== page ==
As more photos surface showing inappropriate behavior on the part of Congressman Weiner (and I can’t help but chuckle at the irony of his last name), I saw an article posted online regarding whether this debacle was a victory for women leaders. I’m not sure why it has to boil down to victory and defeat, but I guess in our society that is how we measure success.
The fact is that both men and women in power have the ability to be corrupt – you just hear about men’s indiscretions more and more. I do not doubt that there are some women in power who abuse it, but one of the main reasons why we do not here about it as much is because we have not reached a state of gender equity where power resides in this country. Women only represent 17% of the positions in Congress and less than that in positions in the Presidential cabinet – and that is where the power exists in how this nation is governed. Less than 2% of women hold positions as CEO’s in Fortune 500 companies – again, where the power exists in the business community. Women have made better strides in state government, although it is now thought that these positions that have become lesser paying are becoming less desirable by men. Where women have made the greatest strides is in the field of Education with women now leading such prestigious universities like Harvard and Stanford.
You cannot effect change unless you have not only a seat at the table but also somewhat of a critical mass. Lone women who break through the ranks often speak of the challenge of being recognized because they are the only one in the group and often are dismissed when they participate. And when they are asked to participate it is often in a way that can appear to diminish their stature, such as taking minutes or being in charge of refreshments. A colleague of mine who became the first woman to receive a doctorate in Natural Resources Management at her University was recently asked in her first faculty meeting (she was the only woman in a group of all men) if she wouldn’t mind taking notes for the meeting. When she did not reply, which created a very pregnant pause, another man uneasily stepped up and agreed to do the minutes.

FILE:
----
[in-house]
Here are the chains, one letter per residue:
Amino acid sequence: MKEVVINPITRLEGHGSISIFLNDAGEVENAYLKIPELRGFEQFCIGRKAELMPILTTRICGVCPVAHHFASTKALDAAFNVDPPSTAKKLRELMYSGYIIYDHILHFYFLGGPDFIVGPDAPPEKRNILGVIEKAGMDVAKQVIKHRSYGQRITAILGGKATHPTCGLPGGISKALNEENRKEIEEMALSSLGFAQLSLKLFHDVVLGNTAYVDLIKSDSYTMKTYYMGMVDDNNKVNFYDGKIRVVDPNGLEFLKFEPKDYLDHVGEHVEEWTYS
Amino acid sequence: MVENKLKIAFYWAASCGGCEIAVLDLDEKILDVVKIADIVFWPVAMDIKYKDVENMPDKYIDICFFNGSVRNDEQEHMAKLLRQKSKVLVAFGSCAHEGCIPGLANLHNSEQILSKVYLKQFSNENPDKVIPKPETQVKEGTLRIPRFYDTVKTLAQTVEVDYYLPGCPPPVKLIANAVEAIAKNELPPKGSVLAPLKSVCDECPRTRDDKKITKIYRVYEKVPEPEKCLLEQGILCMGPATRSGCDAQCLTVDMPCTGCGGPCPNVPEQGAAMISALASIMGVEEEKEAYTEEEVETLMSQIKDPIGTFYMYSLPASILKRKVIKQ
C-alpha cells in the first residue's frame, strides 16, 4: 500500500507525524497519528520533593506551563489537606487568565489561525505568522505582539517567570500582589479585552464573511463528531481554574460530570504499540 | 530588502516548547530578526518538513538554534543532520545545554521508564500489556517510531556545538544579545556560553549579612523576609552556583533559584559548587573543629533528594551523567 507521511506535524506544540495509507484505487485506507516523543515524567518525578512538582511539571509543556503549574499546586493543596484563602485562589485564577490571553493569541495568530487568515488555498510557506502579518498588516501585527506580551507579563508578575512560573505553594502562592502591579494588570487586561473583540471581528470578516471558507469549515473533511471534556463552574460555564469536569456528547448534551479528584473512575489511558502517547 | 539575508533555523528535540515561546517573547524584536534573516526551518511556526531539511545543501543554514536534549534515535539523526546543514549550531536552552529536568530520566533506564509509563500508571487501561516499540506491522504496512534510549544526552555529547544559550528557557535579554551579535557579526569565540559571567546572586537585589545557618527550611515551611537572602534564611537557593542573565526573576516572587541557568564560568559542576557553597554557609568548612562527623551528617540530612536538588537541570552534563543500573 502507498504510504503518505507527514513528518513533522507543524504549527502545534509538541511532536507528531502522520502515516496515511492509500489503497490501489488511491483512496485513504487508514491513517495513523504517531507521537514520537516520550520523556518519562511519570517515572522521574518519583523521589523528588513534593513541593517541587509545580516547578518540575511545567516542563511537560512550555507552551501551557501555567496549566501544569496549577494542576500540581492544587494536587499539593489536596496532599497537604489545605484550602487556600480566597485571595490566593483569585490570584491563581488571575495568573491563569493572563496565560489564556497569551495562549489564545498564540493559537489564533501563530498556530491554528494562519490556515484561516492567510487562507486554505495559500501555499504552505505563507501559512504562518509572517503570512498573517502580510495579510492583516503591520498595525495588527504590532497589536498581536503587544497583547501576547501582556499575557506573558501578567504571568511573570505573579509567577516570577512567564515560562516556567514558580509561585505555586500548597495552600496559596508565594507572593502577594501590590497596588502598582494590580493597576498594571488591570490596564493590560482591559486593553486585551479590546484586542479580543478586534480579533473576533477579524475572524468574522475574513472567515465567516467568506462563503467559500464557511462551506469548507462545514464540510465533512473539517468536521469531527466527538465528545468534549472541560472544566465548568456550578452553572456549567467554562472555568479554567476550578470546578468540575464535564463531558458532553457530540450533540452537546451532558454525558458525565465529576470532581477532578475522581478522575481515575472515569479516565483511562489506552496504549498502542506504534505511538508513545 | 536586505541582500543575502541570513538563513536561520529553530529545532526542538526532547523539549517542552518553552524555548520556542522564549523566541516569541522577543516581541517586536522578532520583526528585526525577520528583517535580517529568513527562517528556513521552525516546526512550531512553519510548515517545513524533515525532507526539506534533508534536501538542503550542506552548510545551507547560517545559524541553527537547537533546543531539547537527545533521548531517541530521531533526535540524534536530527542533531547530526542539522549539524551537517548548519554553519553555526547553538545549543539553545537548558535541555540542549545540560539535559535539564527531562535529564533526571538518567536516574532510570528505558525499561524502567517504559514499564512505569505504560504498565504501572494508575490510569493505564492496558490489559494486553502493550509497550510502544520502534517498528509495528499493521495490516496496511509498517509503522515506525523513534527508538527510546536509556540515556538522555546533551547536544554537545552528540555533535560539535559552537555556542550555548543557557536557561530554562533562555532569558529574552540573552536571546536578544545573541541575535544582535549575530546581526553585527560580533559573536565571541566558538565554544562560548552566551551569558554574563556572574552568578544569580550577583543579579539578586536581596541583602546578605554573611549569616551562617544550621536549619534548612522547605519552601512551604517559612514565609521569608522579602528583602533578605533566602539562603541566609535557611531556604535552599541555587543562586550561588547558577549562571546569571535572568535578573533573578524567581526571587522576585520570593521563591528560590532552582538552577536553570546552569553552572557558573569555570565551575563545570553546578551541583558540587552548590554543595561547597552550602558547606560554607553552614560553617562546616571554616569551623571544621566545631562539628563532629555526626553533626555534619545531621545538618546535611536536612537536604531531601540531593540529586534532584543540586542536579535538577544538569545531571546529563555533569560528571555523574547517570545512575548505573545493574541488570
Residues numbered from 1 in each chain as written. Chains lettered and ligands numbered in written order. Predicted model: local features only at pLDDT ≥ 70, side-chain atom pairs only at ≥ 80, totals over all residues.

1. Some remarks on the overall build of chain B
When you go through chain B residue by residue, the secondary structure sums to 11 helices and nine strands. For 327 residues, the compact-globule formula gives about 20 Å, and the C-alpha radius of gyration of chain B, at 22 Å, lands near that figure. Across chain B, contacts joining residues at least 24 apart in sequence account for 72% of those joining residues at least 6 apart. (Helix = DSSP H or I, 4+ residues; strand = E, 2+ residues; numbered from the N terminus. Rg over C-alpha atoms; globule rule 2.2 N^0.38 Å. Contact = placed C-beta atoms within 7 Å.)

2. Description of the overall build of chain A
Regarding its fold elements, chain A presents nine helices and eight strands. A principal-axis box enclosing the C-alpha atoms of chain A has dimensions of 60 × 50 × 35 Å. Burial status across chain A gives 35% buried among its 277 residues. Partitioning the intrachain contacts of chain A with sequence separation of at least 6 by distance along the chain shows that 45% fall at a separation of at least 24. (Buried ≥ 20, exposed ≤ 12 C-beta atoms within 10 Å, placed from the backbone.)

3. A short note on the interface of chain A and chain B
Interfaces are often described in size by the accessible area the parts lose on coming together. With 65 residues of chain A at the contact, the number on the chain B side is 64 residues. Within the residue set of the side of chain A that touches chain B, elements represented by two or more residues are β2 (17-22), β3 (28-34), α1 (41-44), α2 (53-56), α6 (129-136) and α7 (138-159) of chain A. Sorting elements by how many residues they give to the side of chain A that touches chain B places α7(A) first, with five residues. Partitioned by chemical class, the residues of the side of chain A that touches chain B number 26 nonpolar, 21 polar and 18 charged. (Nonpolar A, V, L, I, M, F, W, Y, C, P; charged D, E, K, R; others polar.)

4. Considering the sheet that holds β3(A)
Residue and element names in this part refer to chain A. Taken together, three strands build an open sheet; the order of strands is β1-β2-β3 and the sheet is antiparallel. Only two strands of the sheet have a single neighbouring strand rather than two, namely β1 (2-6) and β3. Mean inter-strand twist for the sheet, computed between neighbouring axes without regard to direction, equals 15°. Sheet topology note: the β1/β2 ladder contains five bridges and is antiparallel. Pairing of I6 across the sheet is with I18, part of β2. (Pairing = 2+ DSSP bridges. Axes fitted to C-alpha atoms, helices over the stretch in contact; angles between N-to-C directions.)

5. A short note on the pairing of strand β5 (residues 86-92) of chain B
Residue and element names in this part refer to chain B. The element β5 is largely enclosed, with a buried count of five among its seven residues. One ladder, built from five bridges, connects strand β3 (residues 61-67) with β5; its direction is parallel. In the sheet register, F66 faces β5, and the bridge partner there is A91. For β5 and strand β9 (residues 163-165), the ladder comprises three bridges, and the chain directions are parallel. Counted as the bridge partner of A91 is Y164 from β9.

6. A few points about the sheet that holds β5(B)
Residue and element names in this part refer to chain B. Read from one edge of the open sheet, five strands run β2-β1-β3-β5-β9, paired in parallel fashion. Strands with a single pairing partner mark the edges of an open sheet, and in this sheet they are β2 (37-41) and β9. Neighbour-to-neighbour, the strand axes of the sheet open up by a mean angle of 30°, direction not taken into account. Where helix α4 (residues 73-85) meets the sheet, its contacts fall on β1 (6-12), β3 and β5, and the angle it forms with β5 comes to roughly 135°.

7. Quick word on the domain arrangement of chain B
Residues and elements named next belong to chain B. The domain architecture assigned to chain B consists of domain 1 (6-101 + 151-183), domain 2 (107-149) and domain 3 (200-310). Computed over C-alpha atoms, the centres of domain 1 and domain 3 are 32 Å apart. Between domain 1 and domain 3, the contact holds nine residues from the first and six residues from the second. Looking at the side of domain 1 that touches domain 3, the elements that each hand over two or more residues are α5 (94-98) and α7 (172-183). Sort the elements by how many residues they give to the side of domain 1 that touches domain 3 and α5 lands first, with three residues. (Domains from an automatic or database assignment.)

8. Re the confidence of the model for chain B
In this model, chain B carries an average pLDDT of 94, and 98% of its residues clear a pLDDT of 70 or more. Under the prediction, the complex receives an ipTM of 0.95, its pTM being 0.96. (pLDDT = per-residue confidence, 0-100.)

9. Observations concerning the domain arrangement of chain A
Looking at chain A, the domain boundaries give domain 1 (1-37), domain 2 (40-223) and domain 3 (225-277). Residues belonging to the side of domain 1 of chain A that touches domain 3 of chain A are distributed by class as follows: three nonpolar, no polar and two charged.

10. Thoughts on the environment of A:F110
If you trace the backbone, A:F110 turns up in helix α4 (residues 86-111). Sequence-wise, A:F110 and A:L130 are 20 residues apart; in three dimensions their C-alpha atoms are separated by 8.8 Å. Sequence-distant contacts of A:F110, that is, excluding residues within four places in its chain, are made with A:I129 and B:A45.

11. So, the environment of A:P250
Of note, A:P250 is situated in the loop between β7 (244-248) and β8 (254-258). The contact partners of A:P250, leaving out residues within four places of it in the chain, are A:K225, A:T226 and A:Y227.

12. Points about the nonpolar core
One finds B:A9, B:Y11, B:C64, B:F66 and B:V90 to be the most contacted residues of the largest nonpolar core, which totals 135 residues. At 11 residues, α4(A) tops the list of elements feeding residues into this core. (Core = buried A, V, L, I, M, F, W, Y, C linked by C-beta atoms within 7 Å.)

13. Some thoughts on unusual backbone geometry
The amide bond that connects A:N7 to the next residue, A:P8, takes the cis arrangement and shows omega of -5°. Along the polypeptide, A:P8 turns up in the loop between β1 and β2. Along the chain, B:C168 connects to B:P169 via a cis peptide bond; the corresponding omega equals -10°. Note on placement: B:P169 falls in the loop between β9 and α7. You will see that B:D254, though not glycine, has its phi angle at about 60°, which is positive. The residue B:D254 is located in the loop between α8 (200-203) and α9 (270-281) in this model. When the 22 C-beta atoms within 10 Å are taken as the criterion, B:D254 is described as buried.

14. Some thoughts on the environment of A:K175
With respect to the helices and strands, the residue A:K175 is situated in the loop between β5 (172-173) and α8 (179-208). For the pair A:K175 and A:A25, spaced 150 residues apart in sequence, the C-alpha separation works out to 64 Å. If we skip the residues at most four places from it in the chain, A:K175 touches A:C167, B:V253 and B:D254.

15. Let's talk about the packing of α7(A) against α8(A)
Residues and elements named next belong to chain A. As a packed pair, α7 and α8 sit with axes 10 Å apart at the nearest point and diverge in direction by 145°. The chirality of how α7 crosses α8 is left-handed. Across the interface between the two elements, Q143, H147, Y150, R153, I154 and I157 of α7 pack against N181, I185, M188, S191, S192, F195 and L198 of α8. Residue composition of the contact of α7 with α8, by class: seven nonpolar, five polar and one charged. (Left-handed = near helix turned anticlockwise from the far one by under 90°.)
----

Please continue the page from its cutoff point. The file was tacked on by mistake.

Just this past week a colleague of mine went to a dinner commemorating the 40th anniversary of the National Partnership for Women and Families, formerly known as the Legal Defense Fund. The organization has played a key role in moving forward issues related to women and families both nationally and globally. She was sitting at a table with a “corporate type” who said to her that he was a strong advocate for promoting women, but not women who had families because they had greater distractions and could not put in the hours. When she challenged him on this, he quickly said that he would do the same for men who had families. This bias is still very prevalent in the workplace and until we have greater understanding and workplace policies that support furthering both women and men with families, we will continue with lack of gender equity in positions of power. And although I say for both women and men the truth is that women, much more than men, are viewed as the ones ultimately responsible for the family. Consequently, men are considered less distracted and able to put in more hours at work resulting in more men getting these promotions even though they also have families.
So maybe this latest farce with Rep. Weiner is a victory for women – let’s get more women in these positions and see if they wind up doing the same things. Until that happens we won’t really know. And I know I will raise some hackles on this statement, but somehow I doubt it.